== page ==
Thursday, 4 October 2012

St Francis was a Deacon

St Francis was never a Priest; a Religious he was later in life ordained a Deacon to which Order he submitted under protest. 

Francis was not a reformer; he preached about returning to God and obedience to the Church. Francis must have known about the decay in the Church, but he always showed the Church and its people his utmost respect. When someone told him of a priest living openly with a woman and asked him if that meant the Mass was polluted, Francis went to the priest, knelt before him, and kissed his hands because those hands had held God; a mission in which Deacons share in a different and supportive way knowing too about the fragility of living the life of sacred ministry.

Slowly companions came to Francis, people who wanted to follow his life of sleeping in the open, begging for garbage to eat and loving God. With companions, Francis knew he now had to have some kind of direction to this life so he opened the Bible in three places. He read the command to the rich young man to sell all his good and give to the poor, the order to the apostles to take nothing on their journey, and the demand to take up the cross daily. "Here is our rule," Francis said; as simple, and as seemingly impossible, as that. He was going to do what no one thought possible any more; live by the Gospel. Francis took these commands so literally that he made one brother run after the thief who stole his hood and offer him his robe! 

Francis never wanted to found a religious order, this former knight thought that sounded too military. He thought of what he was doing as expressing God's brotherhood. His companions came from all walks of life, from fields and towns, nobility and common people, universities, the Church, and the merchant class. Francis practiced true equality by showing honor, respect, and love to every person whether they were beggar or pope.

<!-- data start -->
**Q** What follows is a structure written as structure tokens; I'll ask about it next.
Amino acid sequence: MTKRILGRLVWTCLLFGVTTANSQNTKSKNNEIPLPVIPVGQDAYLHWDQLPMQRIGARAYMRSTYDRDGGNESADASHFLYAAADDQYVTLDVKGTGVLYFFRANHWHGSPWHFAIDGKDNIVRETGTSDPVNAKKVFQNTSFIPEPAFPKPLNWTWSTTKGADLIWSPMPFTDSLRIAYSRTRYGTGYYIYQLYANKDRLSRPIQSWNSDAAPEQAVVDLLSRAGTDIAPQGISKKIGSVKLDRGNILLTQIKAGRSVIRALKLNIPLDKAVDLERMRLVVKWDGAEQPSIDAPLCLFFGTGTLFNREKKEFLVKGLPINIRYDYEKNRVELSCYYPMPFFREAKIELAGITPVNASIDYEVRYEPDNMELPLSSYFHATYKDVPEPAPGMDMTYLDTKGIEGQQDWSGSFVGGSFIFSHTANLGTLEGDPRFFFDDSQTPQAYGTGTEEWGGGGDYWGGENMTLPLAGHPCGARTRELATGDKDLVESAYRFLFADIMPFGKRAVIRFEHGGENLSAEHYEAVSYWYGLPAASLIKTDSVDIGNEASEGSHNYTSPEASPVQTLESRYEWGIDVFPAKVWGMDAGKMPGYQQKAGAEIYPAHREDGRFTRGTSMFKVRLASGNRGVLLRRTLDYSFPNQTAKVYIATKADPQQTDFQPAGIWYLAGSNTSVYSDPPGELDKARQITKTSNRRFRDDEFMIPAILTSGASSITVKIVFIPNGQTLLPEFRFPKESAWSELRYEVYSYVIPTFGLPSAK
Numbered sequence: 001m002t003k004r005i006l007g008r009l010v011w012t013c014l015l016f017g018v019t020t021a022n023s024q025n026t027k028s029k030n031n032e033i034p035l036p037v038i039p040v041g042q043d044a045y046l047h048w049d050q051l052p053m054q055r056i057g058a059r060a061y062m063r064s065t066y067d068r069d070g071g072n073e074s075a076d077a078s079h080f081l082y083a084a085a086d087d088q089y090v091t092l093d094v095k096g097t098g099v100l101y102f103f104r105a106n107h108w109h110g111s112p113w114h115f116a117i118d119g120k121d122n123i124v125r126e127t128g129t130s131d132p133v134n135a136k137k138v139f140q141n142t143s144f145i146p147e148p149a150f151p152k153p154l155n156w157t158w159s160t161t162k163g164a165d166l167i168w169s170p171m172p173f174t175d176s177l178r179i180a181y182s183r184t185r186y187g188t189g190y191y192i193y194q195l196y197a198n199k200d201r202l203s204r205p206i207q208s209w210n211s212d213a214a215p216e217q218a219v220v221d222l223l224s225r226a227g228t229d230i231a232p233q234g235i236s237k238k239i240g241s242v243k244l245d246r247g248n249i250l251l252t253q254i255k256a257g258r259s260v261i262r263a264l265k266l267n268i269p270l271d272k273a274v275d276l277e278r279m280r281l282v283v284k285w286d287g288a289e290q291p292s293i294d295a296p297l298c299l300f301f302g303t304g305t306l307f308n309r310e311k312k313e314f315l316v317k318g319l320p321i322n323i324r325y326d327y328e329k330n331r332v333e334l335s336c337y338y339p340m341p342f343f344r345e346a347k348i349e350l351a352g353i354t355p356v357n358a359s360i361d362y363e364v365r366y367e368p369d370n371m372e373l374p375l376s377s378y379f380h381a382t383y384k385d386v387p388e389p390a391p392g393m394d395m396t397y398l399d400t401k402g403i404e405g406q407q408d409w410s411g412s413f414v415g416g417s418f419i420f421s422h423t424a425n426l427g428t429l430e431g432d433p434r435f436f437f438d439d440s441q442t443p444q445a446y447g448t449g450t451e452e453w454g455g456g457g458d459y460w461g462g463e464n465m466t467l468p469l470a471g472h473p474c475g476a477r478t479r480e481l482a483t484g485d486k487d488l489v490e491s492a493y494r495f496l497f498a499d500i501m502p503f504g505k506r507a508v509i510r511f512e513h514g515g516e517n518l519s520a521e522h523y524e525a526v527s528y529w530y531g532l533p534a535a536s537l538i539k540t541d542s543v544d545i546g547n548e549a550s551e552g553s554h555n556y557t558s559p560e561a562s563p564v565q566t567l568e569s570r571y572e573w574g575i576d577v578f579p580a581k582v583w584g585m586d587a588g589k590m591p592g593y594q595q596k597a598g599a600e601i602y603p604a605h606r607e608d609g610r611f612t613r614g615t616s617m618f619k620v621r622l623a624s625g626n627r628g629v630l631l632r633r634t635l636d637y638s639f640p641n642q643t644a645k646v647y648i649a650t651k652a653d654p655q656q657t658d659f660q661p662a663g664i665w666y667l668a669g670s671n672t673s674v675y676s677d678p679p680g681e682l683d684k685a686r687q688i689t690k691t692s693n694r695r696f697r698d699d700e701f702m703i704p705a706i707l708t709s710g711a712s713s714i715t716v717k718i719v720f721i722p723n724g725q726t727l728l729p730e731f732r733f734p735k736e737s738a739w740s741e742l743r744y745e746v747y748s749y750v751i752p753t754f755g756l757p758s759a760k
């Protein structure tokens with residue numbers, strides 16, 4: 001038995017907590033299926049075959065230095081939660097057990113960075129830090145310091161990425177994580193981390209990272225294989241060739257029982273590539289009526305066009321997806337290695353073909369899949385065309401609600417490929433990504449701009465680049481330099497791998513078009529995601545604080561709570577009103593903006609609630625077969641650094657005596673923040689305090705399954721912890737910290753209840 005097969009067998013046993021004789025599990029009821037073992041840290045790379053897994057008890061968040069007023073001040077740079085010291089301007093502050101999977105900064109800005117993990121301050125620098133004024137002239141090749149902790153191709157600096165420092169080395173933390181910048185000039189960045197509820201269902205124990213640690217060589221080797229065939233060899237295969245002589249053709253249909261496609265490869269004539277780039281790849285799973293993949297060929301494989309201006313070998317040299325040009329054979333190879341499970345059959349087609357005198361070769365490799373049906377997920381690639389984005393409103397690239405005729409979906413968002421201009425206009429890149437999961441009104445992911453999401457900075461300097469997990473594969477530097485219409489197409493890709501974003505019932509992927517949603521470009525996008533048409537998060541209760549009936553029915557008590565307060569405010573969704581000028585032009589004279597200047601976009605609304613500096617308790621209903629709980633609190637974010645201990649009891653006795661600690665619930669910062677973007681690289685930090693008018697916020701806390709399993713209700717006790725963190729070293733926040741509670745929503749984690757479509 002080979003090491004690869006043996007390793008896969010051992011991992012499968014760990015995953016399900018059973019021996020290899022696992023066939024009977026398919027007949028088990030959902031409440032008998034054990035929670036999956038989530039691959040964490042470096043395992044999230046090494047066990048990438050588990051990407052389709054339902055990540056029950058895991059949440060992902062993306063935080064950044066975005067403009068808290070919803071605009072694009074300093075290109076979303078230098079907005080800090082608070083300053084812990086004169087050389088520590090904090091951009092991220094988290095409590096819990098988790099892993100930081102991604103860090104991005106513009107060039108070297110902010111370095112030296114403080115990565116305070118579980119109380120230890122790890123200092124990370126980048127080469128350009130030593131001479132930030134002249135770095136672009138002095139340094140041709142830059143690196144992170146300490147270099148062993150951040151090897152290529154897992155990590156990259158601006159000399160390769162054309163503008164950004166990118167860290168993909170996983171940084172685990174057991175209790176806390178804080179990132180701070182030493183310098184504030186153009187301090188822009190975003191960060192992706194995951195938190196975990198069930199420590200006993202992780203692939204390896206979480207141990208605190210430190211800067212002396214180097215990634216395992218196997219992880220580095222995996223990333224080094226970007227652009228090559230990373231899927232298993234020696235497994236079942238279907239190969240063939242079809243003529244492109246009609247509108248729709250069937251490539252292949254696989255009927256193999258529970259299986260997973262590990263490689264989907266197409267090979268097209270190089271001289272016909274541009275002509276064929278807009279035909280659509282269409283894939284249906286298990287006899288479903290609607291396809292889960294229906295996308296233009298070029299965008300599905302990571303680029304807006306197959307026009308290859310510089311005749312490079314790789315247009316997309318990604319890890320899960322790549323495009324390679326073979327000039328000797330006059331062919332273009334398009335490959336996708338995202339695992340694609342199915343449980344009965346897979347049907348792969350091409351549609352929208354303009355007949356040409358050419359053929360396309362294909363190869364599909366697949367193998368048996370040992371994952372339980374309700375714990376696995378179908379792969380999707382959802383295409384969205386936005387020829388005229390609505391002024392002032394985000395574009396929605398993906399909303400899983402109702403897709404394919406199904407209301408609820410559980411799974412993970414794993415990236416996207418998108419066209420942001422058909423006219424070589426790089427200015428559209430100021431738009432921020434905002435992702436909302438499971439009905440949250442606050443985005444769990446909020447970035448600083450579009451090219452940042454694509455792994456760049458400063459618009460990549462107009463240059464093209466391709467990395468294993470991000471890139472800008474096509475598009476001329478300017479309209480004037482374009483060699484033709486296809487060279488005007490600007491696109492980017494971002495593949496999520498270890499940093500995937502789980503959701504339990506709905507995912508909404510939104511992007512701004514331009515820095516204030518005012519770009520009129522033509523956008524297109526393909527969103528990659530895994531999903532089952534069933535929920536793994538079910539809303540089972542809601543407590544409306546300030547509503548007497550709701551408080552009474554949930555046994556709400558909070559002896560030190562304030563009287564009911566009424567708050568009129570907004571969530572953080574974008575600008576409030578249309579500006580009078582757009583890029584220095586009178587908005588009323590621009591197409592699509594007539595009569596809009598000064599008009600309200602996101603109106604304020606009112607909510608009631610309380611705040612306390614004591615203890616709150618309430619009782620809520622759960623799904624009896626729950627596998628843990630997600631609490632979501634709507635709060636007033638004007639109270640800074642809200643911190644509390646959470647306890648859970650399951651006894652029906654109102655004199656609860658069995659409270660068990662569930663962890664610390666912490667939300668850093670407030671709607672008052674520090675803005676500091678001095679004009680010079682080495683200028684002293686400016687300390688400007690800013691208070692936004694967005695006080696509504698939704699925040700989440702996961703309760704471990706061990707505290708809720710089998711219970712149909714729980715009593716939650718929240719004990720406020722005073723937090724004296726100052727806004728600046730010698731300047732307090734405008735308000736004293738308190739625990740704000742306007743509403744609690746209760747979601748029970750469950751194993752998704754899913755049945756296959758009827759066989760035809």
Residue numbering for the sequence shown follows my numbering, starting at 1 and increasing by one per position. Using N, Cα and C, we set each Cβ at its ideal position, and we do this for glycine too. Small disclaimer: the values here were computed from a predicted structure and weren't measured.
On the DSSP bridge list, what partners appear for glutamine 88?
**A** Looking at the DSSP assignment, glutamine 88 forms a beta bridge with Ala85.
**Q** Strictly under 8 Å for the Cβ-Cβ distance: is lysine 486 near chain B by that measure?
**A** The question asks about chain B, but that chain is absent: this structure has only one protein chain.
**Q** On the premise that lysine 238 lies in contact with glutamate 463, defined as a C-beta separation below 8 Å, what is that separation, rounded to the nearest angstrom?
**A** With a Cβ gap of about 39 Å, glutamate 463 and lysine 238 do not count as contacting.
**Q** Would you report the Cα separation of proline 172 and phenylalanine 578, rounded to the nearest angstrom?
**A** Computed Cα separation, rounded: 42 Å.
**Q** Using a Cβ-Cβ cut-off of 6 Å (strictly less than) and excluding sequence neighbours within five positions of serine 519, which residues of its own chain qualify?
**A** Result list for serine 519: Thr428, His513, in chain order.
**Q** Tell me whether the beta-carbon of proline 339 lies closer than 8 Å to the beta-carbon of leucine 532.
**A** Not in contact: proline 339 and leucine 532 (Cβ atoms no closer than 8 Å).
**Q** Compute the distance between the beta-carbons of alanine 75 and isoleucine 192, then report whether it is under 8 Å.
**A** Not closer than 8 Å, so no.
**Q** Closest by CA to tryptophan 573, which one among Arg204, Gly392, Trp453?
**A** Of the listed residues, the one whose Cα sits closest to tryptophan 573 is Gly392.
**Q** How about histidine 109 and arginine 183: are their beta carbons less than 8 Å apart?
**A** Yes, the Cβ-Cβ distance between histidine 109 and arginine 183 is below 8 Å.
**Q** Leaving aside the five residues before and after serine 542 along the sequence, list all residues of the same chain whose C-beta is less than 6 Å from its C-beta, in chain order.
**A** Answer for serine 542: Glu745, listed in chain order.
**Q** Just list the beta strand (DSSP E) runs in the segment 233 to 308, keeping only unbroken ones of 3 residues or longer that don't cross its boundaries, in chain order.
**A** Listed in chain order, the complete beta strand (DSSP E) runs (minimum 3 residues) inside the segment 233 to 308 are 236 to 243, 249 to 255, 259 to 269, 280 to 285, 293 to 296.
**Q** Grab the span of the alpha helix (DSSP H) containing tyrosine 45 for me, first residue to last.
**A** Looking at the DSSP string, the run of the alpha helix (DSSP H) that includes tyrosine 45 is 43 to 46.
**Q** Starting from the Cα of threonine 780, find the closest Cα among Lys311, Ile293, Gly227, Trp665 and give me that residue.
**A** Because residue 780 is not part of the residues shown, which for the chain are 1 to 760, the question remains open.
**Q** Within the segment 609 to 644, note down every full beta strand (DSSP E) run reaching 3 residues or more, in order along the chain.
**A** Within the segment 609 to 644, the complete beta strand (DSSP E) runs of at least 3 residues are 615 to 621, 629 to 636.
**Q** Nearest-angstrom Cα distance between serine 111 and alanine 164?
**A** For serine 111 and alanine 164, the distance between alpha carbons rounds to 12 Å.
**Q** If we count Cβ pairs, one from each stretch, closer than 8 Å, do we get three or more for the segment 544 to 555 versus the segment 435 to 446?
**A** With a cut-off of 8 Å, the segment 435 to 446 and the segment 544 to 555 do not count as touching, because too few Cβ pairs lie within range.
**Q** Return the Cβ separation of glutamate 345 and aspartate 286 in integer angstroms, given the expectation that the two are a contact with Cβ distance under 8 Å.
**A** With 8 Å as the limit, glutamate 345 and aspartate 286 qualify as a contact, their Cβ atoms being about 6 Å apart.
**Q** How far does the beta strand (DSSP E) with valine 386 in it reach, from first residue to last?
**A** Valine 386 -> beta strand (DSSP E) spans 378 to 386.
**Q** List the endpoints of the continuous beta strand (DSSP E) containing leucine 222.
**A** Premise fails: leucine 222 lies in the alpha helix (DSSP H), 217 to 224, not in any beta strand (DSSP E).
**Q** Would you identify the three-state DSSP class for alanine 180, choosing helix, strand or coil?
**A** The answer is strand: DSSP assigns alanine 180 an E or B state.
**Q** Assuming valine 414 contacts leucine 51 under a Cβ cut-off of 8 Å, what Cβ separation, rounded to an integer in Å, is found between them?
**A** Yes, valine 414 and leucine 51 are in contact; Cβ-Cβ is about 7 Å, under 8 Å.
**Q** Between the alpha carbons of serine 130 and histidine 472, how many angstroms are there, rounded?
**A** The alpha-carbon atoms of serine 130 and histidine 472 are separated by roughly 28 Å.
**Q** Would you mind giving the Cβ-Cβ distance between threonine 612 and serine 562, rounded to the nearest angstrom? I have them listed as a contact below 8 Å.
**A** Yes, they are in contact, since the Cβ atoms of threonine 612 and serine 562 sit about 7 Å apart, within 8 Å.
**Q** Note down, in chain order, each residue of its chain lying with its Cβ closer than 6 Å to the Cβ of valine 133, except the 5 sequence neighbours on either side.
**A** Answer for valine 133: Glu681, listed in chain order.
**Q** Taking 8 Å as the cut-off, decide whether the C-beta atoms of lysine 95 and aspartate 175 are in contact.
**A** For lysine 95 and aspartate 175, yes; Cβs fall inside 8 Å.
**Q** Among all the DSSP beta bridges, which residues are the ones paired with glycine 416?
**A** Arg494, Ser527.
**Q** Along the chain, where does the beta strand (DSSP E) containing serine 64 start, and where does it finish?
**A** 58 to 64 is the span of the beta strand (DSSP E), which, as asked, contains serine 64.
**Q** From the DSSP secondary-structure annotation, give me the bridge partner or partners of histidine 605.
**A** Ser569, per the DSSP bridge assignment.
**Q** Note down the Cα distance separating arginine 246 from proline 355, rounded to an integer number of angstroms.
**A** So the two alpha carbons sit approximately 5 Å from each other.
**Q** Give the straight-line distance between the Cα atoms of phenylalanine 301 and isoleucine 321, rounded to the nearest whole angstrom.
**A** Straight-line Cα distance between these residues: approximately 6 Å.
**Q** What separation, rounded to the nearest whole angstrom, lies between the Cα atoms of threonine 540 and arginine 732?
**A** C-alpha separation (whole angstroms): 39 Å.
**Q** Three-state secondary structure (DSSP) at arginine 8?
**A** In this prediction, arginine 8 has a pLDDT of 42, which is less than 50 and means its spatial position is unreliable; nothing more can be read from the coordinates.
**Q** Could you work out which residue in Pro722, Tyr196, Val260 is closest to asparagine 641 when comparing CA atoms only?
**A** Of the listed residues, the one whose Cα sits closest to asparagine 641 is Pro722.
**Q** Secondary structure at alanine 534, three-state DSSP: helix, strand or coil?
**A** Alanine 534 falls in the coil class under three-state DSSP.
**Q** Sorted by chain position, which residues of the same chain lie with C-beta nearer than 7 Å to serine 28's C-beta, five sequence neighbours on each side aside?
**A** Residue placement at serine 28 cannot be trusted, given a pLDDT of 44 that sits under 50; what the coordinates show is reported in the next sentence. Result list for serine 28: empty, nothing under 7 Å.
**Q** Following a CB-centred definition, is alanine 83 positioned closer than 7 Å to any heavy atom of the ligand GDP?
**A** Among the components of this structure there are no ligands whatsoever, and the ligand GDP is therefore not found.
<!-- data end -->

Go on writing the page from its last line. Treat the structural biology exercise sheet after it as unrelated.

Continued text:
Another example of his directness came when he decided to go to Syria to convert the Moslems while the Fifth Crusade was being fought. In the middle of a battle, Francis decided to do the simplest thing and go straight to the sultan to make peace. When he and his companion were captured, the real miracle was that they weren't killed. Instead Francis was taken to the sultan who was charmed by Francis and his preaching. He told Francis, "I would convert to your religion which is a beautiful one, but both of us would be murdered." 

Francis did find persecution and martyrdom of a kind; not among the Moslems, but among his own brothers. When he returned to Italy, he came back to a brotherhood that had grown to 5000 in ten years. Pressure came from outside to control this great movement, to make them conform to the standards of others. His dream of radical poverty was too harsh, people said. Francis responded, "Lord, didn't I tell you they wouldn't trust you?" 

He finally gave up authority in his order but he probably wasn't too upset about it. Now he was just another brother, like he'd always wanted. 

Francis' final years were filled with suffering as well as humiliation. Praying to share in Christ's passion he had a vision and received the stigmata, the marks of the nails and the lance wound that Christ suffered, in his own body. 

St. Francis responded to blindness late in life and to suffering by writing his beautiful Canticle of the Sun that expresses his brotherhood with creation in praising God. 

Francis never recovered from this illness. He died on October 4, 1226 at the age of 45. Francis is considered the founder of all Franciscan orders and the patron saint of ecologists and merchants and is an example to all Deacons as well as one of their most important patrons although most of the faithful still think of him as a Priest, which he was not. 

May his prayers and that of all God’s Holy Deacons continue to renew, restore and sanctify the Church of Christ crucified for our sins and with whose marks of suffering he shared. Amen.

With acknowledgement to catholic online

1 comment:

  1. Thanks for this lovely post. It was very informative & also enjoyable.